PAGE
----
I love jarrah forests but won’t walk through them anymore, because of the risk of spreading dieback. To respect nature, you don’t have to experience it. Sometimes you need to leave it alone: not just one socio-ethno-cultural group, but all. Death is death. Stay out! Leave alone. It’s not the same world; different approaches need to be applied. Respect is not getting pleasure back. It’s always bemused me that people follow a God because they expect something back in return. I’ll worship you if you grant me a place in heaven. Garbage. Surely faith is expecting no reward. Doing something because you know it’s right.
Damaged land is abundant – go out and repair it. Bushland that’s ‘intact’ – preserve it, but not so you can feel good. Animals? Let them come and go as they please, not as you please. Spare them and me the mystical indulgence that makes a faux pantheism where the centre is the self, not ‘nature’.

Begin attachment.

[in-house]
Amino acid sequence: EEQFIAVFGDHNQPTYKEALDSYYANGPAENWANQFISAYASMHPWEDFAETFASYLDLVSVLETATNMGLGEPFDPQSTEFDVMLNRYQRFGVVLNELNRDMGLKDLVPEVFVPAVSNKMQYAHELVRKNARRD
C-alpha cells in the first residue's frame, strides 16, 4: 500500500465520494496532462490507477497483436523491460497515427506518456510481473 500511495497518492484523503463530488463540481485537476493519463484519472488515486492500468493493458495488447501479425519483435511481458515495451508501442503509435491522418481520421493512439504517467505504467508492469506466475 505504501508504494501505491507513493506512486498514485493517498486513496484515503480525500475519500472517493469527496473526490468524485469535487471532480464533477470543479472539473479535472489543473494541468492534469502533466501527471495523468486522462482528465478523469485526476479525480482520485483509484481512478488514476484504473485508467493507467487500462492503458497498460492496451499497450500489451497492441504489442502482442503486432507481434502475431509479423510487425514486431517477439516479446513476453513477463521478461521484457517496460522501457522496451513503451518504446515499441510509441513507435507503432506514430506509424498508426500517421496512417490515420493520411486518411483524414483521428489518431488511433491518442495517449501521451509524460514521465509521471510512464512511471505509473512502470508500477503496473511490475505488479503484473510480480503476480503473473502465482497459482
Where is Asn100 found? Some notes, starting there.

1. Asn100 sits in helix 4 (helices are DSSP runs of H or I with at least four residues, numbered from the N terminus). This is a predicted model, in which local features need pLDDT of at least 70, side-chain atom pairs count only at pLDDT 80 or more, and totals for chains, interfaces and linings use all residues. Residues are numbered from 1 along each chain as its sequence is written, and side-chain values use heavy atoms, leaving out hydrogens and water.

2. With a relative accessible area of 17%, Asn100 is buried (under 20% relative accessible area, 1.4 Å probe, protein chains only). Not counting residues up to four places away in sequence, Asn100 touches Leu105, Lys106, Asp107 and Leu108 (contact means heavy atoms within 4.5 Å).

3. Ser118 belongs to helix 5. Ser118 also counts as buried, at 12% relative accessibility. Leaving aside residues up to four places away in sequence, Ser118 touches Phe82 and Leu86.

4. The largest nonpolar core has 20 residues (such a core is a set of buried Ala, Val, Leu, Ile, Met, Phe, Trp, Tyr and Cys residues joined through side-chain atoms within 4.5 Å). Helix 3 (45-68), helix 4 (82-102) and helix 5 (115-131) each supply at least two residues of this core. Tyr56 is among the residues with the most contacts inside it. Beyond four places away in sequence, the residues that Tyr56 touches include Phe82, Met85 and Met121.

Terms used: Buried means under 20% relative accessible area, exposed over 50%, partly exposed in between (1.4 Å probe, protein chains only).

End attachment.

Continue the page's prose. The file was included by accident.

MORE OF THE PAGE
When writing the land I find a huge tension between the desire to express what I think I understand of the place – in essence, to describe – and the knowledge that my presence anywhere is so often destructive. This destruction is built into so many human interactions with place – on a micro level there’s no perfect balance, anywhere, anytime. On a macro level, certainly some cultures have ‘managed’ place better. Nyungar people here in south-western Australia did less damage and conserved with more efficiency than the colonists that followed. But even so, on a micro level, some individuals inevitably did and do their damage as well. Denying that is buying into the ‘nature writing’ binary.